CUPW starts strikes in Kingston, Cornwall and other Ontario municipalities

Posted on Nov. 07, 2018 by Canada Post in Customer Updates

While negotiations continue, the Canadian Union of Postal Workers (CUPW) has started strikes in Belleville, Brockville, Cornwall, Kingston and Lindsay, Ont.

The Union also started strikes in Quebec City, La Tuque and Dolbeau-Mistassini (Haut-du-Lac region), Que., Fredericton, St. Stephen, Woodstock, Miramichi, Acadie Bathurst, Campbellton and Edmunston, N.B., and Chatham, Clinton, Georgetown, Milton, Orangeville, Port Hope, Stratford, Strathroy, Tillsonburg, Wingham and Woodstock, Ont.

Last night, CUPW shut down Canada’s largest processing centre in Toronto for a second time in three weeks. Since October 22, CUPW’s rotating strikes have shut down Canada Post’s operations in more than 100 communities across the country. The union continues to escalate its strike activity, adding more communities each day and shutting down major processing centres for extended periods.

Meanwhile, strikes have ended in Rouyn-Noranda, Val d’Or, La Sarre, Mont-Joli and the Saguenay and Hautes-Laurentides regions of Quebec, as well as Scarborough, Pickering, London, Barrie, Sarnia, Amherstburg, Delhi, St. Thomas and Owen Sound, Ont.

Service impacts as strikes have trailers of parcels backlogged

Toronto is a key processing hub for mail and parcels in Canada. It was shut down by the union for two consecutive days in October and is now idle again due to the union’s strikes with no indication of when it will end.  This will worsen the backlogs at our facilities and customers should expect delays of several days for mail or parcel deliveries. Prior to the union’s decision to target Toronto again, the number of trailers full of parcels and packets waiting to be unloaded and processed at a Canada Post facilities sat at over 150.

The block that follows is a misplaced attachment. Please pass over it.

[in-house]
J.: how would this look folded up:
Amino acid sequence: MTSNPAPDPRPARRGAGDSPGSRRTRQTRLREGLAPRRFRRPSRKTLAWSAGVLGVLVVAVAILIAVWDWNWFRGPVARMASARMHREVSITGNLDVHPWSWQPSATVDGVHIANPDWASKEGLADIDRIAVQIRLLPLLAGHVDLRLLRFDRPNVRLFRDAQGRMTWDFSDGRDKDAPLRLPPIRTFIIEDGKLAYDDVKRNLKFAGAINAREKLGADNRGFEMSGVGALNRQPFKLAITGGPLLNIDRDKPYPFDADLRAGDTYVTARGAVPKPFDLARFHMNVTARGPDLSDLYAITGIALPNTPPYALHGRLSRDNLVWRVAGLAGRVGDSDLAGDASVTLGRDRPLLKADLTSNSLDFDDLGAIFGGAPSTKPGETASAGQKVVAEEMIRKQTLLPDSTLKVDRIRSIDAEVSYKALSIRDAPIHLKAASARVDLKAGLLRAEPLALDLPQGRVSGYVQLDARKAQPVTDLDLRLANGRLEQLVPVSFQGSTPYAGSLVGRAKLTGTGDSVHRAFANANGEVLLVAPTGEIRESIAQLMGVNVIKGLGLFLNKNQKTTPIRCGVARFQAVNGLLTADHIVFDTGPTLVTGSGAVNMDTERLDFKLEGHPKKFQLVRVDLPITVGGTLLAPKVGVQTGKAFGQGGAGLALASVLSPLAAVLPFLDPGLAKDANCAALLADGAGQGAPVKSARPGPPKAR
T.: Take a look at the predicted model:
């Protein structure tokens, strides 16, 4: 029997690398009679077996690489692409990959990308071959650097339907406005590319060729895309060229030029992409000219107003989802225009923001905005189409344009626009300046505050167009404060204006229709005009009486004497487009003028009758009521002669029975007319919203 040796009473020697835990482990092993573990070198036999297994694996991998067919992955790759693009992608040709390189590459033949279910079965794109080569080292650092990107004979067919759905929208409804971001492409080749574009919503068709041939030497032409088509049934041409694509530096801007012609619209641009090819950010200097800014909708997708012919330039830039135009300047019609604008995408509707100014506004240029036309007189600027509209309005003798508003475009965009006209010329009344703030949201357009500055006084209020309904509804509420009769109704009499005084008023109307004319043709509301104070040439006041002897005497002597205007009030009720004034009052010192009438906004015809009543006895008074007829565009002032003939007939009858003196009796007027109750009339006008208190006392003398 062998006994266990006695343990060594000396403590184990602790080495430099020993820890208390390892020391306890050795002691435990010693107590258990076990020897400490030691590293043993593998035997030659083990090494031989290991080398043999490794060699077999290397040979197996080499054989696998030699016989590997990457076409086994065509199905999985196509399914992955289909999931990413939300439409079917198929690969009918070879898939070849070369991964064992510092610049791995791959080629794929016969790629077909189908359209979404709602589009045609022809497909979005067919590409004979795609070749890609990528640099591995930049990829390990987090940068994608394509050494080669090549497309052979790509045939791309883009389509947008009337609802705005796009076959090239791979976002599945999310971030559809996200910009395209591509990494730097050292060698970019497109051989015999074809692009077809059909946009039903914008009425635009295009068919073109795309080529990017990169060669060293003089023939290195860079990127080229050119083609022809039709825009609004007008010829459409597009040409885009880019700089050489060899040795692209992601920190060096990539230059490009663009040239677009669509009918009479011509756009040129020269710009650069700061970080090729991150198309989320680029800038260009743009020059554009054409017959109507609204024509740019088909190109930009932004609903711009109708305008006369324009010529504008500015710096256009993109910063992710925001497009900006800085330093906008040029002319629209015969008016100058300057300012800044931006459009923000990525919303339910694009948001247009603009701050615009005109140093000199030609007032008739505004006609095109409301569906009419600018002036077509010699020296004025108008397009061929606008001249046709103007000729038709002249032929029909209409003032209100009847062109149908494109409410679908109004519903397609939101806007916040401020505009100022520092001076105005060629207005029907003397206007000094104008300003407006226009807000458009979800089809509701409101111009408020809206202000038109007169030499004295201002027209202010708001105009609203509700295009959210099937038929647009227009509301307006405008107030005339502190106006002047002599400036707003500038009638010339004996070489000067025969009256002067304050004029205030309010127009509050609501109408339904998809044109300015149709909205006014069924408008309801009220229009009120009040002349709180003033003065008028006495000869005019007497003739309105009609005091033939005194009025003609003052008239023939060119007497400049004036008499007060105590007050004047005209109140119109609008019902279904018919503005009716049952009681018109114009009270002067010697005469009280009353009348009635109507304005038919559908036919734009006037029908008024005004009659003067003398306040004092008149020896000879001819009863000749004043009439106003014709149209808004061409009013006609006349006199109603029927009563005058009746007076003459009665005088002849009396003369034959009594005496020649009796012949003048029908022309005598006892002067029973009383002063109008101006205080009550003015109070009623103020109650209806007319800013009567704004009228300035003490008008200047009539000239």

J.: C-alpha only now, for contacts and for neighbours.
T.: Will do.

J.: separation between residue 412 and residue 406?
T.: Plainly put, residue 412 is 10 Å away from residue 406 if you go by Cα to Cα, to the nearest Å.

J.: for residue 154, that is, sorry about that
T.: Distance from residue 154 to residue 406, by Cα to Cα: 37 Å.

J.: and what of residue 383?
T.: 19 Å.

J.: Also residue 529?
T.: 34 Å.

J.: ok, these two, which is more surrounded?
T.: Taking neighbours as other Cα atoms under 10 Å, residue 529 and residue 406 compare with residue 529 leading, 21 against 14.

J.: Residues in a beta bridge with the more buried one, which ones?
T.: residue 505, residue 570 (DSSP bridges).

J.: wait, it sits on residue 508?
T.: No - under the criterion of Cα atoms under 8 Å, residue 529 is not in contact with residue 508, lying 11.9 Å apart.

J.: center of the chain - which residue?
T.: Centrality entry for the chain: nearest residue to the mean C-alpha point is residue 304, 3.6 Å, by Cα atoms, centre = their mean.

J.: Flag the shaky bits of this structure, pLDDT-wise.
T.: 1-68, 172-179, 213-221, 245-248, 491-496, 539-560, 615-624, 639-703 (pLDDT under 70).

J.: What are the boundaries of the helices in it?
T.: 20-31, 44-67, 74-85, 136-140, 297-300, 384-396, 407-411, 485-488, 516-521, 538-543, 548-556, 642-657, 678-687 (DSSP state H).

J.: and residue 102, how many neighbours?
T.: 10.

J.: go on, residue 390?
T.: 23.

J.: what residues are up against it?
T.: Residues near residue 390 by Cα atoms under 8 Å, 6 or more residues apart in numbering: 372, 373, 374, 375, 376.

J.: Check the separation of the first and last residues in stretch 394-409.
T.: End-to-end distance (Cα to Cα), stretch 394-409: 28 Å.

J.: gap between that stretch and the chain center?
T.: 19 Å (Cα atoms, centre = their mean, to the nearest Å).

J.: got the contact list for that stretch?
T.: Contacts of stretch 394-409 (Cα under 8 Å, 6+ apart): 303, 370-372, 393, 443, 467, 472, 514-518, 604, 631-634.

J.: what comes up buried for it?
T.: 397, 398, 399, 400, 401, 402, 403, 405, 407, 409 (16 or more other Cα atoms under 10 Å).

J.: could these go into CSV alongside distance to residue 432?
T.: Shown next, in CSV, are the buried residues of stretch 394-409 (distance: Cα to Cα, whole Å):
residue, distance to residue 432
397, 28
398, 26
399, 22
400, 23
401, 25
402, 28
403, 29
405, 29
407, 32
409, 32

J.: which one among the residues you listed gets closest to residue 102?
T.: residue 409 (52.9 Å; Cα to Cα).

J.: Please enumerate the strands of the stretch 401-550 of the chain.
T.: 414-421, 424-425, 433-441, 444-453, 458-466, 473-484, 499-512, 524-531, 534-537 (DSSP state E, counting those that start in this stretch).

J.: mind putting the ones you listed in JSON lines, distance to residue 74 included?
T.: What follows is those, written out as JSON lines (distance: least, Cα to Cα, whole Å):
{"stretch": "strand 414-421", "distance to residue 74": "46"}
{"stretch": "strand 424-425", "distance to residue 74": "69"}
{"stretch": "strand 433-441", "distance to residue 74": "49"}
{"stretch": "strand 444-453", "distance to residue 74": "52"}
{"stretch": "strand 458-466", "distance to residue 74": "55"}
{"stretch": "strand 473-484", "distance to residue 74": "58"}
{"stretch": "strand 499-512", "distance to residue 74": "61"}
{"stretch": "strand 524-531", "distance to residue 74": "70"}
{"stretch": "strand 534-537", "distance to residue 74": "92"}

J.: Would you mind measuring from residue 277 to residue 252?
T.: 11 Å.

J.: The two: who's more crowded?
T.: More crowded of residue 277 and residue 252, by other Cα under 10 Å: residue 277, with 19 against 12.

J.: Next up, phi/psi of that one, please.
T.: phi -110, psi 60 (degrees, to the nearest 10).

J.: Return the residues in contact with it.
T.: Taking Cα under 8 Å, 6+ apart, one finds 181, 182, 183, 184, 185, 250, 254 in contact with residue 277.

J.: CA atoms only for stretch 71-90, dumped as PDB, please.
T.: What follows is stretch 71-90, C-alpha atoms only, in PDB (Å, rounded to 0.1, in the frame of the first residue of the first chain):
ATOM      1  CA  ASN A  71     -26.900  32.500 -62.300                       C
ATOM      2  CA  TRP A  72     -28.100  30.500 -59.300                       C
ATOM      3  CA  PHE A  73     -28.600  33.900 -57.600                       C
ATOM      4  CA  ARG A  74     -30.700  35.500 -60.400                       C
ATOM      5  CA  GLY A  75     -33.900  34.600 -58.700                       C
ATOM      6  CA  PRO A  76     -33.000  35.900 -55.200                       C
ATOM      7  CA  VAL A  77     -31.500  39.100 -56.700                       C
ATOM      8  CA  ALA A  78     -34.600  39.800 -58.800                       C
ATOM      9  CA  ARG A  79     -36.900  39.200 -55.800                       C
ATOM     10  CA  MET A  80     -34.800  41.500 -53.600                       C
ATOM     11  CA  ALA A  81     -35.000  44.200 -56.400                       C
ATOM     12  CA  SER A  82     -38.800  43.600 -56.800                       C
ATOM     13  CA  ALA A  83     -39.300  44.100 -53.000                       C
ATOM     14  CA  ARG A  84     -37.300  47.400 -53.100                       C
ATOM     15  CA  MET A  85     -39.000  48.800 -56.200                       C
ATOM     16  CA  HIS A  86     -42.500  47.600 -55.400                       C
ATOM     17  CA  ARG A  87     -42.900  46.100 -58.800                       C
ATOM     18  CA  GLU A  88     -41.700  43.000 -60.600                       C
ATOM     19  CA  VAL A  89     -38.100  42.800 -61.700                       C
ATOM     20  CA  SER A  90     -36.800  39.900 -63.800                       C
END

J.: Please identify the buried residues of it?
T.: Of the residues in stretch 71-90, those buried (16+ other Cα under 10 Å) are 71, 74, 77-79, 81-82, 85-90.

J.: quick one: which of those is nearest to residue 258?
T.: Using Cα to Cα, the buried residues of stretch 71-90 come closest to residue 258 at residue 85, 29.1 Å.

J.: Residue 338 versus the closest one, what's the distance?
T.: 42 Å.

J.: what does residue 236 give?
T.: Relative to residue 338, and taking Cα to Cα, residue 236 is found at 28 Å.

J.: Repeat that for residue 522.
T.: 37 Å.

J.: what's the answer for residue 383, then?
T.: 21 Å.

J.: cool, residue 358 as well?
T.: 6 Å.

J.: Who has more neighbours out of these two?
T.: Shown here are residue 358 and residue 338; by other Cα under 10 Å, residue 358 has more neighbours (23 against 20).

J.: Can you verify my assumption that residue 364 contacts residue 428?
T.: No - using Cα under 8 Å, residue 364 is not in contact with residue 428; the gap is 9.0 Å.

The escalating strikes have now shut down our three largest processing facilities in Toronto, Vancouver and Montreal up to 48 hours. Combined, those three plants can process a million parcels and packets a day for communities across the country.

Canada Post will continue to make every effort to minimize the impact, but customers across the country can expect delays of several days for parcel and mail delivery. We thank our customers for their continued patience and apologize for the inconvenience this is causing.


Canada Post remains committed to the bargaining process. The Corporation has made significant offers to CUPW that include increased wages, job security, and improved benefits, and it has not asked for any concessions in return.

We value the relationship with the union and have been able to find common ground on some issues. We have also committed to work together to address employees’ workload concerns caused by parcel growth, additional financial services and going beyond pay equity for Rural and Suburban employees by extending job security and moving to one uniform for all delivery employees.

Customers can go to for updates or follow us on twitter @canadapostcorp for the latest developments.

Thank you for your continued patience.

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